Redwood City gears up for bike-share launch 

click to enlarge Redwood City's 70-bike program, part of a larger regional bike-sharing program, will attempt to fill in "last-mile" gaps in people's transit plans. - CRAIG RUTTLE/AP FILE PHOTO
  • Craig Ruttle/AP file photo
  • Redwood City's 70-bike program, part of a larger regional bike-sharing program, will attempt to fill in "last-mile" gaps in people's transit plans.

Aiming to capitalize on commuters' desire to use public transportation more frequently, Redwood City is set to launch the first bicycle-sharing program in San Mateo County.

Launching in August, the network in Redwood City will include seven stations with a total of 70 bicycles, part of a regional program that includes a total of 700 bicycles across five cities. Peninsula transportation officials say they are intrigued by the system's potential to solve a long-discussed problem — how to transport people over the last mile from public transportation to their final destinations.

"The last-mile issue is one of the barriers and is often cited by people who want to take transit but don't," said Jayme Ackemann, a spokeswoman for Caltrain and SamTrans.

The bicycle-sharing program is one option regional planners are developing to encourage alternatives to solo vehicle trips, said Redwood City spokesman Malcolm Smith. The city also is looking at van pooling, car-sharing services and mass transit.

Commuters are only one target group for the pilot, as the city hopes people will use the bicycles for midday trips.

"One of the barriers to using mass transit is that people say they need their cars to do things like run errands and go to lunch," Smith said.

City and regional officials said bicycle usage statistics, along with participant surveys, will be used to evaluate the program's effectiveness. The stations aren't permanent, Smith said, and depending on the statistics the city will likely make adjustments throughout the trial to improve ridership.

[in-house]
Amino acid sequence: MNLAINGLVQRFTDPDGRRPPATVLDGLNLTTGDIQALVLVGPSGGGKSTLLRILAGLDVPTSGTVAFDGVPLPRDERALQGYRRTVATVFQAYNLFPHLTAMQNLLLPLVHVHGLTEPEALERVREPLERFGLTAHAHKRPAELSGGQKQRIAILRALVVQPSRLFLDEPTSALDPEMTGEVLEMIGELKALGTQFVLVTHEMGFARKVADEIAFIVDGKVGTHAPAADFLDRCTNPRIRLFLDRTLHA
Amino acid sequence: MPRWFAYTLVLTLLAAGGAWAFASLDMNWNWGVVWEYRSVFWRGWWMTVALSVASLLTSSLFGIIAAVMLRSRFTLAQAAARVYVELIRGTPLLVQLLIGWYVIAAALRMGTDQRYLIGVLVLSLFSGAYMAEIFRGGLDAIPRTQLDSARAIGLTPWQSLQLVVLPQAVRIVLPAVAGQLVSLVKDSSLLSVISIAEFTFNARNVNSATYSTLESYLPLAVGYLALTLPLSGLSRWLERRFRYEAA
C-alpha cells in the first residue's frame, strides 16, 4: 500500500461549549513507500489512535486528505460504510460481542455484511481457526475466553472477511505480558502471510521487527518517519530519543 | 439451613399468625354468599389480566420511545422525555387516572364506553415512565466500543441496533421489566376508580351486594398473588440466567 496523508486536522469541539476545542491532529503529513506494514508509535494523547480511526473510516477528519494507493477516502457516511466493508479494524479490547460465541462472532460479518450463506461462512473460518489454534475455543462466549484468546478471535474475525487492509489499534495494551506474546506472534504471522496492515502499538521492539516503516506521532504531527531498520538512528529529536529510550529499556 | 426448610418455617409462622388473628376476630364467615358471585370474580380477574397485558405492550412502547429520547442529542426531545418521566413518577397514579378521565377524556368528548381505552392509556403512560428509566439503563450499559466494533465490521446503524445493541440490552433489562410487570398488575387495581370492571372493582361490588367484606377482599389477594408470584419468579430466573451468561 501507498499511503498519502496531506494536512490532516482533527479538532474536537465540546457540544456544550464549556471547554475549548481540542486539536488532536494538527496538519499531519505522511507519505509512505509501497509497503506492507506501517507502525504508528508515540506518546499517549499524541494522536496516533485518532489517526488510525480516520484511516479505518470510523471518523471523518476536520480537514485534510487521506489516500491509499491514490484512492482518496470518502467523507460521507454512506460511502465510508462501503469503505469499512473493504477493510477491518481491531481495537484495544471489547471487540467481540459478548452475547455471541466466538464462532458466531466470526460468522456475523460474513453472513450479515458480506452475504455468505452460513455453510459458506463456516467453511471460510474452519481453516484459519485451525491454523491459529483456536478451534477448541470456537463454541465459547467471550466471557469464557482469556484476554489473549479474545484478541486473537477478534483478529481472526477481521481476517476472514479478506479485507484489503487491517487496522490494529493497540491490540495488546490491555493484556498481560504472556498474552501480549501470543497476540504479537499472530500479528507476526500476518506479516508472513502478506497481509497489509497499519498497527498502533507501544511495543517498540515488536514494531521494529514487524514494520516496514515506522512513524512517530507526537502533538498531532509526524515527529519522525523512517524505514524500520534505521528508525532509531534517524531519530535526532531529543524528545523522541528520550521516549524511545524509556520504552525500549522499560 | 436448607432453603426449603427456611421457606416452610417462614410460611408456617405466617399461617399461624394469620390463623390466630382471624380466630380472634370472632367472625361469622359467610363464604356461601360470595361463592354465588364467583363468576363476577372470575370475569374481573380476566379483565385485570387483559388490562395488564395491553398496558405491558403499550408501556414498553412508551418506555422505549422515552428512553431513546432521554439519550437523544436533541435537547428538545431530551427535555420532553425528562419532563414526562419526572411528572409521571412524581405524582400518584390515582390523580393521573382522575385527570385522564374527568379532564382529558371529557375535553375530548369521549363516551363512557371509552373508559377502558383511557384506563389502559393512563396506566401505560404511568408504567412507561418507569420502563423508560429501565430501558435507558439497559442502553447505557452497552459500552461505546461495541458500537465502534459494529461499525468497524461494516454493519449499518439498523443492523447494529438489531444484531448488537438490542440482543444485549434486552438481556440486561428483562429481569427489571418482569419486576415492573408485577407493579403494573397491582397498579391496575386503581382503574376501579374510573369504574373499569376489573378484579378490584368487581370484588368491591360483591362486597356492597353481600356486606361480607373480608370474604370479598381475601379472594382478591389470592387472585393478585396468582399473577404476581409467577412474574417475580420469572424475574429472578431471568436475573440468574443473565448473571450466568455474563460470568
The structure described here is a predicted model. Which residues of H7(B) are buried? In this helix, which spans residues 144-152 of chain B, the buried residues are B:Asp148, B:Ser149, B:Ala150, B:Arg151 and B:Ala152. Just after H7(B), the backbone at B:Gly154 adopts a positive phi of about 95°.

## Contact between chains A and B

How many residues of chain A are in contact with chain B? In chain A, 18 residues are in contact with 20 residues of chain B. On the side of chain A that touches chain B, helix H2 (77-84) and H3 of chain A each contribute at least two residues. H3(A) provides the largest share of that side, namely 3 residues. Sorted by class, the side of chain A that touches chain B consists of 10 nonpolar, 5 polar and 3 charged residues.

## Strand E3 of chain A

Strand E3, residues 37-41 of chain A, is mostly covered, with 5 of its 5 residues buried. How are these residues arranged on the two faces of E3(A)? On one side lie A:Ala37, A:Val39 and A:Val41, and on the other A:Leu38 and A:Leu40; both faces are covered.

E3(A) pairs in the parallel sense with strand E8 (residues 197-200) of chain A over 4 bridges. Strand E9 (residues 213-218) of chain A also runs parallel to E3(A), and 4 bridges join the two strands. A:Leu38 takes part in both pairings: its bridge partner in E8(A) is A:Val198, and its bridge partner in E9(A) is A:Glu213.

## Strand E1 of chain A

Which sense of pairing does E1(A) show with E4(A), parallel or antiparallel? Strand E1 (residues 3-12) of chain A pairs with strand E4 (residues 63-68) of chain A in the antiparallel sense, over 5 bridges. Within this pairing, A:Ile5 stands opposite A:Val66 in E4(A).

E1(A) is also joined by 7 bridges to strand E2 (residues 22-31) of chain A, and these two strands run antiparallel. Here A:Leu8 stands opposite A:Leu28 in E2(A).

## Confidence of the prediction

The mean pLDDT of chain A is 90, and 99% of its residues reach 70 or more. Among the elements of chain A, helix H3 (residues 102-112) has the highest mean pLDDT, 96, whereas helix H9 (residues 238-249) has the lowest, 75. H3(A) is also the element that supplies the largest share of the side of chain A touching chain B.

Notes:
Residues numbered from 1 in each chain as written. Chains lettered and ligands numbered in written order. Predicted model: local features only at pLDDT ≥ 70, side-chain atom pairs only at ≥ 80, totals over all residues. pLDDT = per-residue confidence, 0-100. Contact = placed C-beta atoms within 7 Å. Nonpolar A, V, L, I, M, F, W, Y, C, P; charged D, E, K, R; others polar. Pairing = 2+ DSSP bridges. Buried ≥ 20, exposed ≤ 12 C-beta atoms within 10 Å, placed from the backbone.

The pilot program is becoming more important in a region where car travel — especially solo trips — makes up the majority of emissions concerns, said Karen Schkolnick of the Bay Area Air Quality Management District.

And the Bay Area is ripe for such a bicycle-sharing network, said Ratna Amin of SPUR in San Francisco. On the Peninsula, she said, about 80 percent of jobs are located within a 3-mile radius of public transit, making last-mile programs an important part of the puzzle.

An annual membership to the bicycle network costs $88 — if paid in a lump sum — or $99 a year if paid with the monthly installment plan of $8.25 per month. Bicycles are also available for 24 hours at $9, and $22 for three days. All membership pricing includes unlimited 30-minute rides.

The bicycle program — which is part of a larger network that includes stations in Mountain View, Palo Alto, San Francisco and San Jose — will operate on a pilot of 12 to 24 months, designed to evaluate many aspects of potential long-term plans to incorporate the network into regional transportation strategy.

While transit officials are hopeful the program will be a success, questions remain about the future of a permanent program's regional implementation.

"In order to really grow this program to where we want it to be, we need to figure out the right government structure," Amin said.

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